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Inchcape cautions over slowing growth in 2024

The car dealership posted a 24% hike in pre-tax profits to £413 million for 2023 but said growth is expected to ‘moderate’ in 2024.

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Car dealership Inchcape has posted surging annual profits but warned that growth will pare back over the year ahead.

The firm posted a 24% hike in pre-tax profits to £413 million for 2023 after sales lifted 12%, when stripping out the boost from a recent acquisition.

But it said growth was expected to “moderate” in 2024, adding that it will keep an “even stronger” focus on costs in the tougher trading conditions.

Shares in the firm tumbled 9% in Tuesday morning trading.

Inchcape gave little update on the review of its UK retail business, after confirming at the end of January that it was considering a possible sale of the arm, except to say that the review remains in the “initial stages”.

It revealed that “in light of our review of strategic options for the UK retail business, we are re-evaluating our ambitions” for used car supermarket chain bravoauto as part of its vehicle lifecycle services (VLS) division.

The firm is already slashing the number of bravoauto sites across the UK.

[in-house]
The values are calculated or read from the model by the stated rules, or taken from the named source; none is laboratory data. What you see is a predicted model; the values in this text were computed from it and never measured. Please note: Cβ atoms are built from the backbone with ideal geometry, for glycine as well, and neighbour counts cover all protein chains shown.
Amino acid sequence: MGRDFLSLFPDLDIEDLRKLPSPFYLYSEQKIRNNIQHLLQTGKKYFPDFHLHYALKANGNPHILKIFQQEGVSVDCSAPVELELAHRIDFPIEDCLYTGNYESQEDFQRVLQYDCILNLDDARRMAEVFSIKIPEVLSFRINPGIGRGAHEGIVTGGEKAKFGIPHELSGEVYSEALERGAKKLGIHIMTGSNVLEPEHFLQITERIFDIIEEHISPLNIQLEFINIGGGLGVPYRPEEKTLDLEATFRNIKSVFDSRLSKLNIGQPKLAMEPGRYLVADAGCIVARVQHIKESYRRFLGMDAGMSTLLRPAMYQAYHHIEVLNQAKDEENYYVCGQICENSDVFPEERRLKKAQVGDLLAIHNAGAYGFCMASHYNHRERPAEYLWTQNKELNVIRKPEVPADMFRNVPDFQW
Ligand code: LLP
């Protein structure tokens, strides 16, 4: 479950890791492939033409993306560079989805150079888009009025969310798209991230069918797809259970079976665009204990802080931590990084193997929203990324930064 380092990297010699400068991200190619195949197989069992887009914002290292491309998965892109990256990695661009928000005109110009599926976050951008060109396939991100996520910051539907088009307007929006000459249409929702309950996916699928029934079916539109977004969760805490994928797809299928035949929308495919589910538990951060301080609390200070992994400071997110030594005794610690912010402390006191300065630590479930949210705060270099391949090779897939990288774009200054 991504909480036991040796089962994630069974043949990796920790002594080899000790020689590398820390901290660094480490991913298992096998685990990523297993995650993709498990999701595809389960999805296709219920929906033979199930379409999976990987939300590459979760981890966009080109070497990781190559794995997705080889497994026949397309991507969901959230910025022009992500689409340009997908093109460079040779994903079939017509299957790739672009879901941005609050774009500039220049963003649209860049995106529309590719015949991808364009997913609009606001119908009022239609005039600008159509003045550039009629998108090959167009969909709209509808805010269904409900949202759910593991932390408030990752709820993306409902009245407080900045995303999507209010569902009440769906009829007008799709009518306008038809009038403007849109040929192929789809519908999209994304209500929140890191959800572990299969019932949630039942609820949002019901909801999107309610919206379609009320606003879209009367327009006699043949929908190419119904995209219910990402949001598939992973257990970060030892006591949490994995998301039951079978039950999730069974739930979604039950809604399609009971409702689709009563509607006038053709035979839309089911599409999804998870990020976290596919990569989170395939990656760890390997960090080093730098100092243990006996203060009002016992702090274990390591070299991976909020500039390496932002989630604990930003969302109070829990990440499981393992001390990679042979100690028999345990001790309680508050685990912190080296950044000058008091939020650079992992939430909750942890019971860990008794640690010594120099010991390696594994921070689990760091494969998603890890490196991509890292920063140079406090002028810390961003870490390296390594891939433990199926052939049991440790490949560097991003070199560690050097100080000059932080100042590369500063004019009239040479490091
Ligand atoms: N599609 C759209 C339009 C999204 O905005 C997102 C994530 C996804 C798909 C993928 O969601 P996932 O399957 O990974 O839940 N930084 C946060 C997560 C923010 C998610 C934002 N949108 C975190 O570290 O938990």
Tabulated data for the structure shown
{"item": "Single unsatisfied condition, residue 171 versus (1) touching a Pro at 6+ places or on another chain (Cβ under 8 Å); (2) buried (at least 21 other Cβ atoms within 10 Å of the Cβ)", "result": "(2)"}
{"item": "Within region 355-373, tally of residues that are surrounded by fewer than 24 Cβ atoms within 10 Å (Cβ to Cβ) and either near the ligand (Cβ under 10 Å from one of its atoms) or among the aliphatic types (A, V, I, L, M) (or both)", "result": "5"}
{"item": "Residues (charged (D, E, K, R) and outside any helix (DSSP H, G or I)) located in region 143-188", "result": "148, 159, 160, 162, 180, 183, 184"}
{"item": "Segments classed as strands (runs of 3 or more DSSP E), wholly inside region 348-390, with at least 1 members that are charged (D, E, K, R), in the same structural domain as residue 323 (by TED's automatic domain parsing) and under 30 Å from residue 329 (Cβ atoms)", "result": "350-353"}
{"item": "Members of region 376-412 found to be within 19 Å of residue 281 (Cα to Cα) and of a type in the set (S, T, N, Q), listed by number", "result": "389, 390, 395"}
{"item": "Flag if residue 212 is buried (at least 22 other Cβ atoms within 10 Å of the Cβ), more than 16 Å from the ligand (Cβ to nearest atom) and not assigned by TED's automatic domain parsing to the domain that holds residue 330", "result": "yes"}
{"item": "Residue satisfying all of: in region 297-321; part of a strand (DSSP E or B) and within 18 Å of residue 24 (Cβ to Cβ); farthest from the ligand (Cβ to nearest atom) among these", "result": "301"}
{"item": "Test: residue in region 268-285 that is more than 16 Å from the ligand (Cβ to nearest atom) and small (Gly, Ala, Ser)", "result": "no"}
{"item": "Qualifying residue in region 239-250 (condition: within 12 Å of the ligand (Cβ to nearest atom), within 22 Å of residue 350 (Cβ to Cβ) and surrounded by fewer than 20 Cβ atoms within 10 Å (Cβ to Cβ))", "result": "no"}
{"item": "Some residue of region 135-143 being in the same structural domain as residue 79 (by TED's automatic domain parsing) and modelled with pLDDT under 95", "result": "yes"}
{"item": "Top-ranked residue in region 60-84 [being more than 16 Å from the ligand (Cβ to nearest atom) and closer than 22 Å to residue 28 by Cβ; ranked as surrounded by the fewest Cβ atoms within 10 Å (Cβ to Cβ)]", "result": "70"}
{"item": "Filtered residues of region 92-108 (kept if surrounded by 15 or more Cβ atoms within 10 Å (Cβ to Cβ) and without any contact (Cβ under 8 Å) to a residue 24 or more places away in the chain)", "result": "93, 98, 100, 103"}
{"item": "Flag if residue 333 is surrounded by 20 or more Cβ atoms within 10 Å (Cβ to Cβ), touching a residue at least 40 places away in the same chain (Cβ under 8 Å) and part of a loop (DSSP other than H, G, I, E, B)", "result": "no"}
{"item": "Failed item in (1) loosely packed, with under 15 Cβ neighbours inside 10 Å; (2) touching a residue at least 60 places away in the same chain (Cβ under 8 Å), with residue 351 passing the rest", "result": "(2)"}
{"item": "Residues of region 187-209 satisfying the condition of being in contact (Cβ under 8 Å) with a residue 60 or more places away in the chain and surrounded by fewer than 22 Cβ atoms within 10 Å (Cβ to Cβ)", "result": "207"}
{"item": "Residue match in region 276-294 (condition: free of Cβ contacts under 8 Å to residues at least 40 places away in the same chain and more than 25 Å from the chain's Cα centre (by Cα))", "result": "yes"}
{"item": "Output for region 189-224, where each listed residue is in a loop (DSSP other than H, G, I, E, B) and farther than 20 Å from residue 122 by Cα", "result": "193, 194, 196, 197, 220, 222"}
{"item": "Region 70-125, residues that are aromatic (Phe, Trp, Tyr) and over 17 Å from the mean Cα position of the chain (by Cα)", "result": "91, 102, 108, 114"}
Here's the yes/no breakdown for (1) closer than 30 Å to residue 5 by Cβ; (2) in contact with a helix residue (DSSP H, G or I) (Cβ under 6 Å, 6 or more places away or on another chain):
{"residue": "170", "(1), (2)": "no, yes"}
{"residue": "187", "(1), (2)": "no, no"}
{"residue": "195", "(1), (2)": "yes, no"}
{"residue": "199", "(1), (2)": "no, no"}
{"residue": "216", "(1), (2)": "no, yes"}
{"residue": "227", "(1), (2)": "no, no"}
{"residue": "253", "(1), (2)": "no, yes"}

It comes amid a tough used car market, which has seen prices surge due to a supply shortage, but values slumped last autumn, putting pressure on dealership profit margins.

Inchape said: “2024 is expected to be another year of growth, albeit moderated, with the group maintaining prudent expectations for recovery in 2024 in certain markets, which are weaker than previous years.

“To that end, the group is driving an even stronger focus on cost management to deliver a moderated short-term growth profile, in the context of broader market dynamics.”

The car dealership market is also under pressure amid a financial regulator’s probe into historic car finance selling practices.

The Financial Conduct Authority (FCA) opened a review in January into whether people could be owed compensation for being charged too much for car loans, following a high number of complaints.

In its results, Inchcape said: “We look forward to the outcome of the FCA review and the clarity that this will bring for customers, lenders and dealers.”

Its results showed that underlying earnings in the firm’s retail business – including the UK, Poland and bravoauto – fell 17% to £40 million last year, largely as prices fell and knocked profit margins.

On plans to make more cuts to bravoauto, Inchcape said: “We intend to further reduce the scale of bravoauto to its profitable core, particularly given our continued strategic focus on reducing our retail-only footprint.”

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